The wave of indignation and rage over the film, which portrays the Prophet Mohammad as a womanizer and a fool.
The Libyan U.S. consulate attack was allegedly triggered by the discovery of an anti-Islamic film produced in the United States by someone linked to Morris Sadek, an Egyptian Copt resident in the United States. It was the film’s translation into Arabic and broadcast on Arab TV stations and talk shows that sparked the violence—although investigations are now under way in Washington to establish whether the worst of the violence was not spontaneous.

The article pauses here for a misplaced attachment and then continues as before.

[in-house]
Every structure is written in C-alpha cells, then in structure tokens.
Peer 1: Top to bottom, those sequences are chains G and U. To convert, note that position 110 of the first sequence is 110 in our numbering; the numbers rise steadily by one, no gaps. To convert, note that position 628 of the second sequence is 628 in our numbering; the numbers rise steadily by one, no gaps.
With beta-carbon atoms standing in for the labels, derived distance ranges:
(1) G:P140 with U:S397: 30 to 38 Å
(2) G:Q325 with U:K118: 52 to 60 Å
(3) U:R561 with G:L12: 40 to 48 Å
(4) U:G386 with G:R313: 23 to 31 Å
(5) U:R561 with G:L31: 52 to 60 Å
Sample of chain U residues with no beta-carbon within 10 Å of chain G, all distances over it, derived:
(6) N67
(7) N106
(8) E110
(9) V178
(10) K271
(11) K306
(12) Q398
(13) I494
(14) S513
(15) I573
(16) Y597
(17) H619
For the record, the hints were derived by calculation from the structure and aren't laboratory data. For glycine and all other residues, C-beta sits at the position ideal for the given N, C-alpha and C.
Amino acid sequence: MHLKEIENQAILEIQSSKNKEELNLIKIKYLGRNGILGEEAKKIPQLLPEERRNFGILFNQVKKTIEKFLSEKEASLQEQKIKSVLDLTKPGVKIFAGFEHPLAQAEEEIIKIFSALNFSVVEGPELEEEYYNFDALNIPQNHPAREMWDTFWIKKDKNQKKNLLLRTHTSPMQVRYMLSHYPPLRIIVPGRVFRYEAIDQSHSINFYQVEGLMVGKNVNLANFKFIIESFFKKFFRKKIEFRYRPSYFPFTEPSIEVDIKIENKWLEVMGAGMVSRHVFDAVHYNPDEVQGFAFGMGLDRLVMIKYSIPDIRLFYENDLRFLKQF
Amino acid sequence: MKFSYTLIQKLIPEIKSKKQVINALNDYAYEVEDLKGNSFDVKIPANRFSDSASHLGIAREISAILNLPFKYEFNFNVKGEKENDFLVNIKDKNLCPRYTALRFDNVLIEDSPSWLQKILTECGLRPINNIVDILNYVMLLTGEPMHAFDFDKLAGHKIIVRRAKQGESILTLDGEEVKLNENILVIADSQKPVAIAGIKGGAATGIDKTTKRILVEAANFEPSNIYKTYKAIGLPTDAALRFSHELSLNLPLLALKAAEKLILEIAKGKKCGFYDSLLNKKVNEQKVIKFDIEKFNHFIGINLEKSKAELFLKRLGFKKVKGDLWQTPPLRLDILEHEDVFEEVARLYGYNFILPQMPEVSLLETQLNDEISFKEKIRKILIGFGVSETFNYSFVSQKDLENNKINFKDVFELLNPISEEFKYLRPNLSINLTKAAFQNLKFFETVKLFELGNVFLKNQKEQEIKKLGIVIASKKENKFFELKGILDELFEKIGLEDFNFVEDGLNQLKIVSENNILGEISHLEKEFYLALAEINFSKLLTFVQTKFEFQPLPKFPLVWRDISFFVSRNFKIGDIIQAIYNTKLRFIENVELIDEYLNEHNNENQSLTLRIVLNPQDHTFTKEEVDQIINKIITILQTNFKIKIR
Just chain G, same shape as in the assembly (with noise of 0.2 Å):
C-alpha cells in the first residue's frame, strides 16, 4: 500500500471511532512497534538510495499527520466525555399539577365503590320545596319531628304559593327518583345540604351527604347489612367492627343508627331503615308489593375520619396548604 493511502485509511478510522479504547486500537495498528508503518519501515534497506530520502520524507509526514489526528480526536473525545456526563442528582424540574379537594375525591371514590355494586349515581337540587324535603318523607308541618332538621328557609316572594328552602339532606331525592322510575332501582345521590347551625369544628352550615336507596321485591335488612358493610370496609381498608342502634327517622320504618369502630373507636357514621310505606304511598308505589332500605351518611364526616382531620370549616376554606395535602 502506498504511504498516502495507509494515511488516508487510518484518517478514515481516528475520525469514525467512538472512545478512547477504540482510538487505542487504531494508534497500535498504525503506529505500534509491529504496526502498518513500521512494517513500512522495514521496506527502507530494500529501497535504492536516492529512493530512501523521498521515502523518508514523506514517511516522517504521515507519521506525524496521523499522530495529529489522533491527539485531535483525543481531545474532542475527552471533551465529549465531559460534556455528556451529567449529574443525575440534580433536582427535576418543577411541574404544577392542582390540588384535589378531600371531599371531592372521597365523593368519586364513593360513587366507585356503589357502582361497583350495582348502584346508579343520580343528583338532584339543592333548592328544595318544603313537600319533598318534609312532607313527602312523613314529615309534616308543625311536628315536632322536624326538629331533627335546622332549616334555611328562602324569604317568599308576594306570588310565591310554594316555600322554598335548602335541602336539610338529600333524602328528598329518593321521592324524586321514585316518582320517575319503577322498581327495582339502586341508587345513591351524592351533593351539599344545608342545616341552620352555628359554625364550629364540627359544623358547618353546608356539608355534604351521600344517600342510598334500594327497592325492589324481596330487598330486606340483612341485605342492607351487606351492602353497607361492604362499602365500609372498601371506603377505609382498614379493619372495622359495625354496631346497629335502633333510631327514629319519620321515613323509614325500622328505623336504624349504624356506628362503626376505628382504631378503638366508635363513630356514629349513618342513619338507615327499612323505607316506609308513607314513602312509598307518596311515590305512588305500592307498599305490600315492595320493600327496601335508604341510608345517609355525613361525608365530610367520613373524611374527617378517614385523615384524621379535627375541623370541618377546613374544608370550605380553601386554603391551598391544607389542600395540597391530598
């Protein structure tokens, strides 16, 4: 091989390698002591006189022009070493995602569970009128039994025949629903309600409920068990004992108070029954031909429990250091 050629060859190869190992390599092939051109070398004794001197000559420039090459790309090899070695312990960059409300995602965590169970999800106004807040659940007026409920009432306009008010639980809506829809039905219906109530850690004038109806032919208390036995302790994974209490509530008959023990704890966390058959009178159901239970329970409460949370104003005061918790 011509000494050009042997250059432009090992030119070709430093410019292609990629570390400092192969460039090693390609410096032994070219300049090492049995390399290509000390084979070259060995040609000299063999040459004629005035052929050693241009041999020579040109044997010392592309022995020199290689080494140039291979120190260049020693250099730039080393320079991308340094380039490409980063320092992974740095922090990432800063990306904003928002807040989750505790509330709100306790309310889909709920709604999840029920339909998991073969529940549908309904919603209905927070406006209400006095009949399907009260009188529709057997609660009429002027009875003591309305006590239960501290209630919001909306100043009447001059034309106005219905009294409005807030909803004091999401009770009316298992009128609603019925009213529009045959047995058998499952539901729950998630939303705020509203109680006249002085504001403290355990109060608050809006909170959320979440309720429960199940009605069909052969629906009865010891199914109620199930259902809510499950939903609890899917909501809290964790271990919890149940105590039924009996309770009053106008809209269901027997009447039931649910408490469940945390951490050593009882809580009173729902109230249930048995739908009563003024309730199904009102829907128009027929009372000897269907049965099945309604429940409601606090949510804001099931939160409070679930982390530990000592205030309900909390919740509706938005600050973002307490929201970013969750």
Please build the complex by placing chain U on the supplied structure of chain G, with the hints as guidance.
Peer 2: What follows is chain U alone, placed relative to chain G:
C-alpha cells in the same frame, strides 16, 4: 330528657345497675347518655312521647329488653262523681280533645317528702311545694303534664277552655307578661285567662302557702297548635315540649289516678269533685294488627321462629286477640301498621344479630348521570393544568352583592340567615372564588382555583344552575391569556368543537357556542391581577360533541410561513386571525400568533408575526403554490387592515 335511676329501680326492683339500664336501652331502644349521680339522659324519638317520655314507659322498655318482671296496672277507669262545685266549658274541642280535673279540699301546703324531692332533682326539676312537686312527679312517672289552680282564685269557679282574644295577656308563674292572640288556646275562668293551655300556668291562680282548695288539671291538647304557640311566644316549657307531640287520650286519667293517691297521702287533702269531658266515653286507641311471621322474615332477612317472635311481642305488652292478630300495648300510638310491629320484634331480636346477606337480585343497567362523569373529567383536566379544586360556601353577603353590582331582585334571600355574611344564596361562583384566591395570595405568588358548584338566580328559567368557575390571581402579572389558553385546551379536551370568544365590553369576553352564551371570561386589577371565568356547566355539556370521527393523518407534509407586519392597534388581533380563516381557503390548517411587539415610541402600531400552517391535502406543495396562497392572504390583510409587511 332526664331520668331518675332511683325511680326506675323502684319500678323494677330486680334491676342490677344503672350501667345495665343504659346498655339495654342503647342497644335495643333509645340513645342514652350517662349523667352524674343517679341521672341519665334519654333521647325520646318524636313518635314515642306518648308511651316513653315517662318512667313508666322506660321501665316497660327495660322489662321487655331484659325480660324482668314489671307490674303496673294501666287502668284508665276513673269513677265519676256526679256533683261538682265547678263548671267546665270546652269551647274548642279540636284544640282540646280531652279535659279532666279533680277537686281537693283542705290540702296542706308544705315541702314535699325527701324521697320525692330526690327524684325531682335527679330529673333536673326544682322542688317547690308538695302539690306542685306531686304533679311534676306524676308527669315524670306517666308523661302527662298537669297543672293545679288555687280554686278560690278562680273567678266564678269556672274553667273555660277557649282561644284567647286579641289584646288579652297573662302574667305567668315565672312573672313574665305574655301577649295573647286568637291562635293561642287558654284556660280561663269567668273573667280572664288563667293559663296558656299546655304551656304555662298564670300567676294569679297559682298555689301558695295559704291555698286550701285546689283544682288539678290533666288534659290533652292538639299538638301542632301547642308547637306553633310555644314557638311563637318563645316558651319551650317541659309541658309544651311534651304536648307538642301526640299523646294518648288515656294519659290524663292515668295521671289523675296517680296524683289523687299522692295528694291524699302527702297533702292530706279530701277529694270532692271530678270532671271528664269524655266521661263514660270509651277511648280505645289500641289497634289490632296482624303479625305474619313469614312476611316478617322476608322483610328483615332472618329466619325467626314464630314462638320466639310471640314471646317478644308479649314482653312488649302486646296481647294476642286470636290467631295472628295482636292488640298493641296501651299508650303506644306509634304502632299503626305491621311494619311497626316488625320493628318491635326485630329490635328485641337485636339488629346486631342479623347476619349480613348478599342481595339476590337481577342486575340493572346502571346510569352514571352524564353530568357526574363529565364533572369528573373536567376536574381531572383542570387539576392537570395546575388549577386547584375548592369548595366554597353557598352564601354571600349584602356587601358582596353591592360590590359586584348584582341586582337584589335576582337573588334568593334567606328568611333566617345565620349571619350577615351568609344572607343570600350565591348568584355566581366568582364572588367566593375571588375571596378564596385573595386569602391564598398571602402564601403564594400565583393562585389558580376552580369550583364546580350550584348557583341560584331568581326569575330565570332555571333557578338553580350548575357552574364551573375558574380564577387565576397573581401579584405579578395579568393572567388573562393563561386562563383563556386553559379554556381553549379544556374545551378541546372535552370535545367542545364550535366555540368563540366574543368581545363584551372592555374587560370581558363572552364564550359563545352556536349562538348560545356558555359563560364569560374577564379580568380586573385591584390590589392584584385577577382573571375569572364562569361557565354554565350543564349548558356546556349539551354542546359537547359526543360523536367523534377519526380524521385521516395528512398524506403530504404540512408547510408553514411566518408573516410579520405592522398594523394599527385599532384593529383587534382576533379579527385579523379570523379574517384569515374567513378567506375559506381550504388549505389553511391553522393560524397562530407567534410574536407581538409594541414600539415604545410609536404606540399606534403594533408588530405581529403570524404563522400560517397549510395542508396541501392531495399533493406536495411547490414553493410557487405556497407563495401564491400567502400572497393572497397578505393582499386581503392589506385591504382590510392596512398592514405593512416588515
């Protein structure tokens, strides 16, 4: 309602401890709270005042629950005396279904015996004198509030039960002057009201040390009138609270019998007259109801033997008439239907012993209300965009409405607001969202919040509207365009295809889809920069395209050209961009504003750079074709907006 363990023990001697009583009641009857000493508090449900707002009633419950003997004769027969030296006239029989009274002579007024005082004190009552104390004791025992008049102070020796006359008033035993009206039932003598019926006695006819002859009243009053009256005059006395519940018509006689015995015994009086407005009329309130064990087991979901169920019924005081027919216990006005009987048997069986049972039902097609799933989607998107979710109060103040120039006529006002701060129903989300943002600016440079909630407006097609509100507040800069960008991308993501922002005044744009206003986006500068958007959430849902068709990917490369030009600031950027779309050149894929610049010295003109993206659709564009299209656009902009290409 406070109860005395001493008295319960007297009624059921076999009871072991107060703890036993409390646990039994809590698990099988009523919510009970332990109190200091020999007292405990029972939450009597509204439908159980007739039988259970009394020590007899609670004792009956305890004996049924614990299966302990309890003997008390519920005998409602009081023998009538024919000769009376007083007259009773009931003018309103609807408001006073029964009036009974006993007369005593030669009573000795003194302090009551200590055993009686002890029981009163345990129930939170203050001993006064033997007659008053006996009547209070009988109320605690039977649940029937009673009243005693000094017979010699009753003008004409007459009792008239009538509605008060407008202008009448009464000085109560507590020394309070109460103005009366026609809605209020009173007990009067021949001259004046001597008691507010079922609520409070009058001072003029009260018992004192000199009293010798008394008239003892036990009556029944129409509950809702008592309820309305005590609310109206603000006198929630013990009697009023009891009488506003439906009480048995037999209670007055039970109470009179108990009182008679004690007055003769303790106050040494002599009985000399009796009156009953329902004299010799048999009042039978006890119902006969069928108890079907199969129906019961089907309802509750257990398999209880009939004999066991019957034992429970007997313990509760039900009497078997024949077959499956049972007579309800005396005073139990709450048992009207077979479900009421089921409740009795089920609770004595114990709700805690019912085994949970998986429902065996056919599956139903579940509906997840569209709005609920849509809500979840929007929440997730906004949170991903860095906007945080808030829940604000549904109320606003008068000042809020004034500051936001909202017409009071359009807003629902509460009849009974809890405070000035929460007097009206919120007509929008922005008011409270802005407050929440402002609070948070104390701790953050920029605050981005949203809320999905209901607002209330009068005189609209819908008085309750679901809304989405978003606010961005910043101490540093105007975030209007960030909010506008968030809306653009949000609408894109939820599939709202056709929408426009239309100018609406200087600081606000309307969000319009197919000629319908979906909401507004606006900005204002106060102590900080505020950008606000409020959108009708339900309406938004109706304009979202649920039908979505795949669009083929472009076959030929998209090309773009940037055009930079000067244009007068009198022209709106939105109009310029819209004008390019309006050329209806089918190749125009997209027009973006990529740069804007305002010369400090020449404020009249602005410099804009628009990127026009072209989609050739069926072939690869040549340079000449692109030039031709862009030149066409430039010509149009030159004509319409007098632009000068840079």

In Egypt, the religious TV channel al-Nas showed clips from the offending video, dubbed into Arabic, and scenes posted online have been viewed hundreds of thousands of times.
Egypt Independent, the English version of one of Egypt’s leading newspapers Al Masry al Youm, has reported that Sadek was banned from entering Egypt and had his citizenship revoked in May 2011 because he called for war against the country.
Why Film Sparked Protests & Violence In Middle East was originally published on elev8.com